Prince Harry says the best teachers should go beyond academic lessons and teach about “resilience and compassion”. Our Principal, Mrs Marise McConaghy shares similar sentiments about the staff at Strathcona and their commitment to go beyond teaching and knowledge sharing in the classroom.
Each year, it is very gratifying to read comments from both students and parents about the appreciation and fondness they have for our Strathy teachers. This feedback comes both through formal surveys, such as the ISV LEAD ones and also from the words, cards and actions of the girls particularly as each year concludes.
It is true that when asked what one remembers about a teacher who is thought of fondly, it is not so much about subject expertise. Instead, it tends to be about how the teachers made you feel as you learned the subject matter – the sense of excitement or discovery felt, or the safety to take chances and make mistakes, or the confidence that came knowing you were valued as a human being.
Consequently, it is no surprise that according to research, few factors in education have a greater impact on a student’s educational experience than a caring relationship with the teacher. Of course, this needs to be professional. It is not merely ‘warm and fuzzy’, but a combination of many factors. ‘Tough’ teachers who have high expectations and provide stimulating challenges combined with support and a deep commitment to the learning of each student – are the ones who are highly regarded and take the students to levels of learning which often surpass their own expectations.
Science has found that students who have caring relationships with teachers are academically more successful and show greater ‘pro-social’ behaviour. At Strathcona, the relationships that our girls have with their teachers are quite unique and really stand out as something very special. It is clear that great mutual respect and warmth exists and – more than that – often, great fondness. There is no doubt that this contributes to the intangible ‘something special’ which is so often remarked on about Strathcona.
Mrs Marise McConaghy, Principal
Prince Harry’s comments as reported by the BBC this week accompanied the announcement of the top 10 shortlist for this year’s Global Teacher Prize.
“We will all face setbacks and challenges,” said Prince Harry, but teachers could help to prepare people for the “ups and downs” of later life.
The top 10 includes Raymond Chambers, who teaches computing in Corby.
“In addition to reading, writing and arithmetic, the very best teachers go beyond the pages of textbooks to teach young people about determination, aspiration, resilience and of course compassion,” said Prince Harry.
He commended the achievements of the finalists of the Global Teacher Prize, run by the Varkey Foundation education charity.
His brother, Prince William, and Pope Francis sent video messages to last year’s awards ceremony, where the prize was given to a Palestinian teacher, Hanan Al Hroub.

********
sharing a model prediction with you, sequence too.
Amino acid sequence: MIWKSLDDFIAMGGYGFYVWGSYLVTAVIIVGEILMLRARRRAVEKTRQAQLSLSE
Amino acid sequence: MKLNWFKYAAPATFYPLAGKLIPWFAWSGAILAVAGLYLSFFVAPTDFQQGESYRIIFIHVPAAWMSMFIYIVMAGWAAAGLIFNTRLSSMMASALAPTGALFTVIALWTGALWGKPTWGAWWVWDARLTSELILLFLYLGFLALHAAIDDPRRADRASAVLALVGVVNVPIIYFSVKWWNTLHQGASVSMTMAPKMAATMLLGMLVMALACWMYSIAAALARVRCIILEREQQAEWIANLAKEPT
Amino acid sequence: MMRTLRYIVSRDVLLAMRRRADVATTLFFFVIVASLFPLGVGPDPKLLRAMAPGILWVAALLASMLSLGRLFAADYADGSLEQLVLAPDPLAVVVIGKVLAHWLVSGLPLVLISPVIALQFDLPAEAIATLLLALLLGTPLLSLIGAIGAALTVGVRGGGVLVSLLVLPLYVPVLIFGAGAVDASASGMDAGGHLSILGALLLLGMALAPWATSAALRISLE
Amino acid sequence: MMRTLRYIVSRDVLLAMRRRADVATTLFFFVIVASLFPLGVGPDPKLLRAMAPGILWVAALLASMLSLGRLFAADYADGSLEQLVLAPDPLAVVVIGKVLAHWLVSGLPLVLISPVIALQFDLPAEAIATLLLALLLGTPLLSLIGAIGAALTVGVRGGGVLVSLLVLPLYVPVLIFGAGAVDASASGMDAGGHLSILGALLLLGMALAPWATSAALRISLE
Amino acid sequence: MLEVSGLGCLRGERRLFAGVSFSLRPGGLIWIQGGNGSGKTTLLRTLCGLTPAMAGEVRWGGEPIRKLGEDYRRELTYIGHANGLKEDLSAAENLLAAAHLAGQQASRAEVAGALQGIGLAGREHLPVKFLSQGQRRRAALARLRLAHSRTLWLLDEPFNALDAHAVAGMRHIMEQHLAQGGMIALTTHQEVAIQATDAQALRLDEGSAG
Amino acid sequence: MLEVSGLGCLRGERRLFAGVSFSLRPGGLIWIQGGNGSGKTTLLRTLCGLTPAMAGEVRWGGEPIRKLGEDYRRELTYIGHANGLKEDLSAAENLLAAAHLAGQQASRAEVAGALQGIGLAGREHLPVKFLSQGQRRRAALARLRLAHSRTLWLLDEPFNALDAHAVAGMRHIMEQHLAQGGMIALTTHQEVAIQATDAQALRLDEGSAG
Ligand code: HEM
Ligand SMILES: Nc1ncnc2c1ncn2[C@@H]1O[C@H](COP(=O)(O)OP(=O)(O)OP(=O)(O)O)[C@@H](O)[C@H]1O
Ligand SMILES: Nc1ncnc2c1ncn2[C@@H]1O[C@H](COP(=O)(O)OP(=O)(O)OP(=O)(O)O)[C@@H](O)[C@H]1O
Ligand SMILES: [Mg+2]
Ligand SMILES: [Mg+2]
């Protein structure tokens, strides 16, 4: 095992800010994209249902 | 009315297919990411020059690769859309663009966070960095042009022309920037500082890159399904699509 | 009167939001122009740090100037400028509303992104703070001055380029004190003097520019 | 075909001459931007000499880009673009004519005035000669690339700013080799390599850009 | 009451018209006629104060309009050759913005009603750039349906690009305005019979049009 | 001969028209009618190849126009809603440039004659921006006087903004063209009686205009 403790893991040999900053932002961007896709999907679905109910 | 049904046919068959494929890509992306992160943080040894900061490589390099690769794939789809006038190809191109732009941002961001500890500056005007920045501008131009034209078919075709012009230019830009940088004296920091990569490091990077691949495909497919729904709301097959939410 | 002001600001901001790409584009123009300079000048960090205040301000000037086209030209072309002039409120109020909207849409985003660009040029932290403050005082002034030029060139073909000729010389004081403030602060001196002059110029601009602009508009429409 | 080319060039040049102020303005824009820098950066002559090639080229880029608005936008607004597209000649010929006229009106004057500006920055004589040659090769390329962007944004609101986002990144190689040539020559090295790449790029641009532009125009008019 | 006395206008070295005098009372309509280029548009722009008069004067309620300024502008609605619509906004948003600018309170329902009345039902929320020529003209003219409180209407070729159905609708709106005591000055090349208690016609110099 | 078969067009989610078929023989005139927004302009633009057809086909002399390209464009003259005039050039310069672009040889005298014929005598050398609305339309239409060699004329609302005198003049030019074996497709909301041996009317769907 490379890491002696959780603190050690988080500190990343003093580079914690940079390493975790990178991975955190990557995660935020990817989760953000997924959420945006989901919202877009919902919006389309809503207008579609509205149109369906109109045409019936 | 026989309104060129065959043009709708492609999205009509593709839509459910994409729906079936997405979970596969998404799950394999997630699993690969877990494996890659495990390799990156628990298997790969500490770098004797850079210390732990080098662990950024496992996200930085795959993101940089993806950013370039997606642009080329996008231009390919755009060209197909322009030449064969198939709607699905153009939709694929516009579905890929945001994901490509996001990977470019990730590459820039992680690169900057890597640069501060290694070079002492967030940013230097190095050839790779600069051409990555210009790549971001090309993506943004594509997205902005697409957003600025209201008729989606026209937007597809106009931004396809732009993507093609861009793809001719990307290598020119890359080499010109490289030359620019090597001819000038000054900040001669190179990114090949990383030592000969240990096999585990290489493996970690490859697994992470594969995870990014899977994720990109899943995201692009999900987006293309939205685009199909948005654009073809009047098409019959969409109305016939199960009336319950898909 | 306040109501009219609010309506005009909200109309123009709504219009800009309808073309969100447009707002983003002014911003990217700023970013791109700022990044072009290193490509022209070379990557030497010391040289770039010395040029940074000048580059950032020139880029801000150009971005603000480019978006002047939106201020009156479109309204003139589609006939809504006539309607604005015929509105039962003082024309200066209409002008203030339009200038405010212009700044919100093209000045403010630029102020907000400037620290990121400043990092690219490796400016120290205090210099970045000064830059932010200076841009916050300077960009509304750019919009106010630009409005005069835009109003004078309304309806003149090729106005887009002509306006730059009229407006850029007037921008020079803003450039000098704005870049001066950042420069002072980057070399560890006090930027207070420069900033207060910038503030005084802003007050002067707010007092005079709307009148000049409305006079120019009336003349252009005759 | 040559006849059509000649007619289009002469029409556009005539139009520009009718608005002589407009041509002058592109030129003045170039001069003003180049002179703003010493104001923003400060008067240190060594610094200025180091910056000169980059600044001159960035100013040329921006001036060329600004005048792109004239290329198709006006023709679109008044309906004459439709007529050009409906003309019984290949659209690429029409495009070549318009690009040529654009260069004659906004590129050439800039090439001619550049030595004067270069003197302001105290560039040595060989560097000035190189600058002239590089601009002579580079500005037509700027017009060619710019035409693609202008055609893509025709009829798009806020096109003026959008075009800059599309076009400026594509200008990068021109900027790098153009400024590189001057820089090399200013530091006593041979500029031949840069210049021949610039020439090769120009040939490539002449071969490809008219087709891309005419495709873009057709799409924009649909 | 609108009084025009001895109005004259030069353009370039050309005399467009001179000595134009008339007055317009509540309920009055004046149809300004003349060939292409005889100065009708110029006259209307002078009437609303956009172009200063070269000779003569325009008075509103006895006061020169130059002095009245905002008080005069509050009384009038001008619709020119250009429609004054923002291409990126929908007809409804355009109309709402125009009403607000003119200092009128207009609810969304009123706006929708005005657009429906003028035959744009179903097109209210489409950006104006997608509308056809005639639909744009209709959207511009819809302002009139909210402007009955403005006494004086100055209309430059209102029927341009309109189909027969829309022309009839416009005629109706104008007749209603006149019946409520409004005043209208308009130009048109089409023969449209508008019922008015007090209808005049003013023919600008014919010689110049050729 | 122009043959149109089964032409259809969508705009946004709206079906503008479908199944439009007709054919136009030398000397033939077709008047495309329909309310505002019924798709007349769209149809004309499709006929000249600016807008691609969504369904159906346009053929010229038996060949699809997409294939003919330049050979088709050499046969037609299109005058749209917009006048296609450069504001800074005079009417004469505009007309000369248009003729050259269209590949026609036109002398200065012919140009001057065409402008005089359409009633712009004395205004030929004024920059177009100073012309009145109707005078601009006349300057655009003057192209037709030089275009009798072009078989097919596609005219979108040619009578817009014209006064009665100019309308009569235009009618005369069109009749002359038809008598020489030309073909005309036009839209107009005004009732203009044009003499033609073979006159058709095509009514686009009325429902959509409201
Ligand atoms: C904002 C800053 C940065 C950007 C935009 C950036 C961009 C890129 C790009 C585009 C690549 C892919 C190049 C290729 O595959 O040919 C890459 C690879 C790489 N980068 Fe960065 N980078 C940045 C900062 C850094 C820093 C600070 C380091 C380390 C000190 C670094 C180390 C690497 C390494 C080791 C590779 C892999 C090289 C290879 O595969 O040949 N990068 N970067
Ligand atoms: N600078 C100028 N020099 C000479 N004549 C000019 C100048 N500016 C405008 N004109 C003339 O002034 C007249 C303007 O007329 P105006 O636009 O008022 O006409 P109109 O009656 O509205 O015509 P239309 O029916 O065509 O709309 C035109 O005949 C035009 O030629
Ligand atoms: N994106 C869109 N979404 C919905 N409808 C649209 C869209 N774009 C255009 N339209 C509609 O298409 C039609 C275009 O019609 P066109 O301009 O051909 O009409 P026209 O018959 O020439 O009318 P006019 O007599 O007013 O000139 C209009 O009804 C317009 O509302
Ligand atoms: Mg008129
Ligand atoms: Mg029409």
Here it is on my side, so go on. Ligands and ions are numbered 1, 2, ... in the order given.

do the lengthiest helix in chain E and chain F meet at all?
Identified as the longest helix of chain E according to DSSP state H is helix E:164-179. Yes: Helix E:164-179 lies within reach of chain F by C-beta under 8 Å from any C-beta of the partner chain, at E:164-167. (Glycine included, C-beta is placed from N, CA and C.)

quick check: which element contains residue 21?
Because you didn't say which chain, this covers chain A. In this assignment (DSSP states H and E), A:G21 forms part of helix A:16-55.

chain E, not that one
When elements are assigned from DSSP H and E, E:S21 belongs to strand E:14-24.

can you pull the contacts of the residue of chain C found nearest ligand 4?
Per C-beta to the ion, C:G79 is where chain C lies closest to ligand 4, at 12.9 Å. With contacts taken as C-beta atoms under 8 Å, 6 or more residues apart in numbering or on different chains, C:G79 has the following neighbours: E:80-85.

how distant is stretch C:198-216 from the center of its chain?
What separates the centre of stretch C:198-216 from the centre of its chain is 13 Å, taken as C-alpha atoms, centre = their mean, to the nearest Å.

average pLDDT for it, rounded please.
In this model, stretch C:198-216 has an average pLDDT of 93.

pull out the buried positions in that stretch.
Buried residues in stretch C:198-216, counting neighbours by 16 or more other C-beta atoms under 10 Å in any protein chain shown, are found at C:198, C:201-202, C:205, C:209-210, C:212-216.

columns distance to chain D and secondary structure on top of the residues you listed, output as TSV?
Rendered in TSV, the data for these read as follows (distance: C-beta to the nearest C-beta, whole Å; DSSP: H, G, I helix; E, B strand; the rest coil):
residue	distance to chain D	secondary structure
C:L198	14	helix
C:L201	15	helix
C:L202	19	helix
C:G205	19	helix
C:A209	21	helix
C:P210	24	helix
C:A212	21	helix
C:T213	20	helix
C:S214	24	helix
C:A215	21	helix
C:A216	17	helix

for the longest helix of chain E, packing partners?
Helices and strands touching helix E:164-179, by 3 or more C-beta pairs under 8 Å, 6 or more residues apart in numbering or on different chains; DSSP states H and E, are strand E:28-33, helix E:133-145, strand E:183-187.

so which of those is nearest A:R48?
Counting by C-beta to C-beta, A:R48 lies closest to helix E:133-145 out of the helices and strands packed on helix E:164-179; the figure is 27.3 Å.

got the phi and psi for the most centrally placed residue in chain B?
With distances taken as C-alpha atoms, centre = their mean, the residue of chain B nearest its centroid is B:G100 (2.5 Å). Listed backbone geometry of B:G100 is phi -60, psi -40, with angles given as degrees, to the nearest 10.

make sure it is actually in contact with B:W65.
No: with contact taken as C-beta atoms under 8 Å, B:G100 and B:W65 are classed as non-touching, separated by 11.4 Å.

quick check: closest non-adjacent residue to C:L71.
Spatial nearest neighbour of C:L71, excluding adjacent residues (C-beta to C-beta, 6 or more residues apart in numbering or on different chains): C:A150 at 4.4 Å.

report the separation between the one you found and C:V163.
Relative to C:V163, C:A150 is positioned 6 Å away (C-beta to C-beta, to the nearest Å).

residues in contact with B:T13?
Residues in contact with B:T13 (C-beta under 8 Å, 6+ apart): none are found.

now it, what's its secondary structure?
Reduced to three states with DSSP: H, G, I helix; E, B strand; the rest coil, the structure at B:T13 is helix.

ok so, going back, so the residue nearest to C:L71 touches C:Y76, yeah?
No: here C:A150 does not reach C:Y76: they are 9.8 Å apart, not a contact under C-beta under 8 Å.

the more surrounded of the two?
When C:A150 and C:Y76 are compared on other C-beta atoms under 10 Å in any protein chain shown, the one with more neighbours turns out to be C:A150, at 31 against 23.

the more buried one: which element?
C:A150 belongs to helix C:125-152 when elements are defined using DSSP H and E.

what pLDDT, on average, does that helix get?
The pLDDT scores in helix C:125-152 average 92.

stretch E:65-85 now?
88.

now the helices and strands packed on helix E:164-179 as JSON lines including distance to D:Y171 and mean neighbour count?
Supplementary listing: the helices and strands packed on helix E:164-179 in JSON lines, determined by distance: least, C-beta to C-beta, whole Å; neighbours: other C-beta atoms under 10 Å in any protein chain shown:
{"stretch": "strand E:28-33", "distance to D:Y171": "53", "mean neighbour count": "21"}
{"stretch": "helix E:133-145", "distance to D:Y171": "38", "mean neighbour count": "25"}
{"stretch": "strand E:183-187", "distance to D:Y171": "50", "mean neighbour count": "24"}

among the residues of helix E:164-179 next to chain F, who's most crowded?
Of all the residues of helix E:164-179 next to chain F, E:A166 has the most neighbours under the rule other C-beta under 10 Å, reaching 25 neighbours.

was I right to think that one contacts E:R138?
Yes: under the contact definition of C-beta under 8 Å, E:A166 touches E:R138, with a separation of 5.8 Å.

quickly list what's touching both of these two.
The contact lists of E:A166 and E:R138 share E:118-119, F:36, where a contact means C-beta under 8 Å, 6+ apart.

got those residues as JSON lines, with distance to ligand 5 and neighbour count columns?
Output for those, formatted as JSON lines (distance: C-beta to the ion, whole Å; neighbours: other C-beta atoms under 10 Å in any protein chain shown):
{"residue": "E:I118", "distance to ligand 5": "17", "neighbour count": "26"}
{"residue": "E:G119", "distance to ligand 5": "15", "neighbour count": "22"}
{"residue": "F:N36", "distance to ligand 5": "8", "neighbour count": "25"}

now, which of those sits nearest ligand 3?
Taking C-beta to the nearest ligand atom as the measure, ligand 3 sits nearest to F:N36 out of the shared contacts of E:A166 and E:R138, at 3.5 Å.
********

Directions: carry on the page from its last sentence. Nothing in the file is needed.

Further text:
The prize, with an award of $1m (£810,000), is intended to raise the status of teaching and to recognise the impact of teachers on individual lives.
“We will all face setbacks and challenges in our lives, and our teachers play a vital role in preparing us for these ups and downs,” said Prince Harry.
He said that teachers were there to help young people “often through turbulent times in their lives”.
And he said: “I can certainly pinpoint those who had an impact on my life.”
Mr Chambers, a computer science teacher from Brooke Weston Academy, Corby, Northamptonshire, is the only UK finalist in the top 10.
He is a previous winner of the UK’s annual teaching “Oscars”, in the category of outstanding use of technology.
He has won an “expert educator” award from Microsoft and runs a YouTube computer science channel, which has had 250,000 views.
He will be up against rivals from countries including China, Brazil, Kenya and Australia.
Sunny Varkey, founder of the Varkey Foundation, said he wanted the award to “shine a powerful spotlight on the incredible work teachers do all over the UK and throughout the world every day”.
The 10 finalists for the Global Teacher Prize 2017 are:
- Raymond Chambers, computer science teacher from Brooke Weston Academy, Corby, Northamptonshire, UK
- Salima Begum, head teacher at Elementary College for Women Gilgit, Pakistan
- David Calle, from Madrid, Spain, the founder and creator of the Unicoos educational website
- Wemerson da Silva Nogueira, a science teacher at the Escola Antonio dos Santos Neves in Boa Esperanca, Brazil
- Marie-Christine Ghanbari Jahromi a physical education, maths and German teacher at Gesamtschule Gescher school, Germany
- Tracy-Ann Hall, an automotive technology teacher at Jonathan Grant High School in Spanish Town, Jamaica
- Maggie MacDonnell, a teacher at Ikusik School, Kativik School Board, Canada
- Ken Silburn, a science teacher at Casula High School, south-west Sydney, Australia
- Yang Boya, a psychology teacher at The Affiliated Middle School of Kunming Teachers College, China
- Michael Wamaya, a dance teacher from Mathare, Nairobi, Kenya